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Droid Charge still unavailable, 12 days after LTE outage fixed

Matt Hamblen, Computerworld | May 9, 2011
As of Monday, Verizon Wireless was 12 days late with the start of sales for its second LTE smartphone, the Droid Charge from Samsung, which was originally supposed to be available on April 28.

Also in March, AT&T said its Samsung Infuse 4G will run on the HSUPA network when it launches. That launch is now set for May 15, and the Infuse will be priced at $199.99 with a two-year contract, AT&T and Samsung announced last week.

Advertised speeds available on AT&T's HSPA+ and Verizon's LTE are roughly similar: about 5Mbps to 12Mbps for downloads, with uploads of 2Mbps to 5Mbps.

Gold and Gartner analyst Phillip Redman both questioned whether very many customers are demanding 4G performance, despite all the hype and television advertising.

"Frankly, I'm not sure how big the demand is for LTE or HSPA+," Gold said. "No one seems to be addressing what LTE means to battery life and the weight of the new devices, aside from whether I can make calls." (The LTE outage didn't affect voice calls, just data service, since LTE only is a data-only network.)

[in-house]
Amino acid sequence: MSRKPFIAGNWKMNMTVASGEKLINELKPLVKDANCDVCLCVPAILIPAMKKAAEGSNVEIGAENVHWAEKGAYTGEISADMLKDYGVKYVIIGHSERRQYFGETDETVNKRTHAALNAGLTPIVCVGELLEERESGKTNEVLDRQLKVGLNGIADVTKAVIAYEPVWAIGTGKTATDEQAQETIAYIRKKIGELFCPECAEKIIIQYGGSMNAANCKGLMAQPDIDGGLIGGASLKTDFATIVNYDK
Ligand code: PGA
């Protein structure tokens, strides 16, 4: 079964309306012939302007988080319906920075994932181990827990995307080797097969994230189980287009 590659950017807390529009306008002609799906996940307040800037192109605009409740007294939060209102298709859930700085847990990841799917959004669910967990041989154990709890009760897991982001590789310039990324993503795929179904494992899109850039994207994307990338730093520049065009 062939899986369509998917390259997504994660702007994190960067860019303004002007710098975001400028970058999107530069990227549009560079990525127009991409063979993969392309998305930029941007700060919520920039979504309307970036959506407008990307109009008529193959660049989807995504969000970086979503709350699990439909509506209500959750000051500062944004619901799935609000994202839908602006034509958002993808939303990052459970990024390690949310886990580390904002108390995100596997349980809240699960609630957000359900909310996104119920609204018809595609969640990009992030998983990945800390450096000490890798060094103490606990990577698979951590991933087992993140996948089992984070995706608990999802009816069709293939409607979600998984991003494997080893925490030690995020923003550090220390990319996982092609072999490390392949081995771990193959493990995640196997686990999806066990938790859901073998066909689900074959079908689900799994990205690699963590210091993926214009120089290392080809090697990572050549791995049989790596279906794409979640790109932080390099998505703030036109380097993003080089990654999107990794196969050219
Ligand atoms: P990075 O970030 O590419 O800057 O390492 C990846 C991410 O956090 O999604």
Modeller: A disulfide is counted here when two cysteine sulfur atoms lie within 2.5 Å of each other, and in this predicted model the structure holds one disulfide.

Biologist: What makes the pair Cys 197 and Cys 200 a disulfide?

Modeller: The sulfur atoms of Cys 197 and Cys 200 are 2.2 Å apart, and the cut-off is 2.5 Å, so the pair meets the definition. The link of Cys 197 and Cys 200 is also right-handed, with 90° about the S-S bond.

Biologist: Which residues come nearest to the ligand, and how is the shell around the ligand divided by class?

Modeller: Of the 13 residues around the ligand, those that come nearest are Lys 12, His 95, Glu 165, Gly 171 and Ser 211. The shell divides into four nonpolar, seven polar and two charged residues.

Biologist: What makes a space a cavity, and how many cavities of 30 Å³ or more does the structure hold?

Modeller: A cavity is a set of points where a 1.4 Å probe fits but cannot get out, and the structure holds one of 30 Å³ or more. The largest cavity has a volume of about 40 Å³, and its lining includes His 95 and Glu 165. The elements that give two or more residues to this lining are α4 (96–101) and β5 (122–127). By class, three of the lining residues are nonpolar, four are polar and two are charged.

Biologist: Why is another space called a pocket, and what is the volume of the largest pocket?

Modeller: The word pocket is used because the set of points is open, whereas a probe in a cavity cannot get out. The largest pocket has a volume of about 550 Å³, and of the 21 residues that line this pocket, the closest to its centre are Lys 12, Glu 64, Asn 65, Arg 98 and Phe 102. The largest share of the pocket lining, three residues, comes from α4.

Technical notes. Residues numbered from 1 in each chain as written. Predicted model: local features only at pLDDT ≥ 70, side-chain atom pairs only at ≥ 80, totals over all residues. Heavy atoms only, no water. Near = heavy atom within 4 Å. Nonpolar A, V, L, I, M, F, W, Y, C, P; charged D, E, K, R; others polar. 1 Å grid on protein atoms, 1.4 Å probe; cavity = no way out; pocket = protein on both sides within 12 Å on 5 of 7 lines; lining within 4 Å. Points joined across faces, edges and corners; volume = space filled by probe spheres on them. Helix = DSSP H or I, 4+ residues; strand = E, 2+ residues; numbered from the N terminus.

"I'm sure any of the delays can be attributed to using new network technology," Redman said. "What's the rush?"

Redman said AT&T's HSPA service requires fiber-optic cable backhaul connections from each cell tower to a switching center, and he noted that AT&T is in a transitional period when it comes to setting up that network infrastructure.

Regarding Verizon's LTE service and the Droid Charge, Redman said he doesn't have any specific information on the delays, but he noted that they could be attributed to the new network technology.

For its part, Sprint has had its 4G WiMax network in place longer than either Verizon or AT&T have had their 4G networks up and running. All three networks offer roughly the same speeds. Sprint began selling the new Nexus S 4G on Sunday for $199.99.

Sprint has been able to roll out WiMax phones without experiencing major network-related service problems, because it took a gradual approach to expanding the number of cities where WiMax is available. However, the HTC Evo 4G smartphone, which first shipped in May 2010, did suffer supply problems, because of a global shortage of displays.

Customer complaints to carriers about delays in Android smartphone software updates outnumber complaints about 4G network service problems.

 

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